FAIRFIELD COUNTY, Conn. -- Connecticut residents oppose the expansion of gambling in the Nutmeg State as well as the reintroduction of highway tolls, according to a new Quinnipiac University poll released Wednesday.
"Voters think gambling in Connecticut is good for the state, but they don't want more casinos. Three-quarters oppose more casinos in general and nearly 60 percent oppose specific legislation to allow two Native American tribes to open new smaller casinos," Quinnipiac University Poll Director Douglas Schwartz said.
Voters say 62 percent to 29 percent that the current legal gambling in Connecticut is good for the state. But voters say 75 percent to 20 percent there should not be more casinos in Connecticut.
Voters oppose 59 percent to 36 percent a more limited proposal to allow the two Native American tribes that currently operate casinos in the state to open new smaller casinos near the borders with New York and Massachusetts. Danbury and Bridgeport are two cities floated as possible sites for new casinos. Only voters 18 to 34 years old support the idea, 54 percent to 46 percent.
When it comes to highway tolls, voters oppose 61 percent to 36 percent putting tolls on state highways, with opposition from all party, age and gender groups. Gov. Dannel Malloy is proposing a multibillion-dollar plan to improve the state's highways, trains, ports, airports and trails.
But voters support tolls 59 percent to 40 percent if the money is used to repair the state's roads and bridges. There is little difference among Democrats, Republicans and independent voters.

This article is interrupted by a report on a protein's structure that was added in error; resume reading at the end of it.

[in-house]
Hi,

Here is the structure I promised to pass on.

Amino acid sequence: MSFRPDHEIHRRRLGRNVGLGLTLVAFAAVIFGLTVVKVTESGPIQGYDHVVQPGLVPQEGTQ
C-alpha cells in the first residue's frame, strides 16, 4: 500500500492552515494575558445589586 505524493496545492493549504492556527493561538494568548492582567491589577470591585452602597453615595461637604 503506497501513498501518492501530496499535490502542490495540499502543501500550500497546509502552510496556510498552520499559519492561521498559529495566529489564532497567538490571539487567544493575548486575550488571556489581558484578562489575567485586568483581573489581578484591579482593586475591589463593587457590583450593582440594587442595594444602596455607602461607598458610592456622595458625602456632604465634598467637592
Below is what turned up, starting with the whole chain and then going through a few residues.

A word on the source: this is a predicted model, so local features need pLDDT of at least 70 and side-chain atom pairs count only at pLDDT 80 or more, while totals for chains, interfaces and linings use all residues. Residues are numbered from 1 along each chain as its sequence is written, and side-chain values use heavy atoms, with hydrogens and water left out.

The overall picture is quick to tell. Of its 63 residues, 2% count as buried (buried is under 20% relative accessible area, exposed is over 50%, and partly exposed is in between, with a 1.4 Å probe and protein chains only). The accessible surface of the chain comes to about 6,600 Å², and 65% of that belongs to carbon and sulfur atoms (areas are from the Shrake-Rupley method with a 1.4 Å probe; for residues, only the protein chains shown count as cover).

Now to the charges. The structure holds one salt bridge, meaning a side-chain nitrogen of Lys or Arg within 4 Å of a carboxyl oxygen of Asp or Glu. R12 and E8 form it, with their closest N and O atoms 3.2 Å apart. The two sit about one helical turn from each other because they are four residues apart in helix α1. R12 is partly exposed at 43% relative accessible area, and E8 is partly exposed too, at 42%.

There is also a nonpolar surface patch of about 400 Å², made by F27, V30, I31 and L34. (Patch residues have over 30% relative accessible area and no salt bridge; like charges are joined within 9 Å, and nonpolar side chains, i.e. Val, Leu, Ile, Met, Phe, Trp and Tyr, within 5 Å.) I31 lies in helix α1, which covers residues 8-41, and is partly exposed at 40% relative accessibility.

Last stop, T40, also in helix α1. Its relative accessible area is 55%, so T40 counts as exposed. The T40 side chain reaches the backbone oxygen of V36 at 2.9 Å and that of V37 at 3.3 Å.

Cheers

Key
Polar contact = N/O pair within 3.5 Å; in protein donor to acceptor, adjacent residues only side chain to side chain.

Tolls have been suggested as a way to pay for the Malloy plan.
On another issues before the state legislature, Connecticut voters support 63 percent to 34 percent allowing adults to legally possess small amounts of marijuana for personal use. Voters also support 67 percent to 28 percent reducing the penalties of small amounts of illegal drugs for personal use from a felony to a misdemeanor.
By an overwhelming 82 percent to 15 percent margin, voters support elimination of mandatory minimum sentences for possession of small amounts of illegal drugs, and allowing judges to decide sentences on a case by case basis.
Voters support 63 percent to 31 percent allowing doctors to legally prescribe lethal drugs to help terminally ill patients end their own lives. All party, age and gender groups support the idea, including voters over 55 years old, who support it 59 percent to 34 percent.
From March 6 to 9, Quinnipiac University surveyed 1,235 registered voters with a margin of error of 2.8 percentage points.
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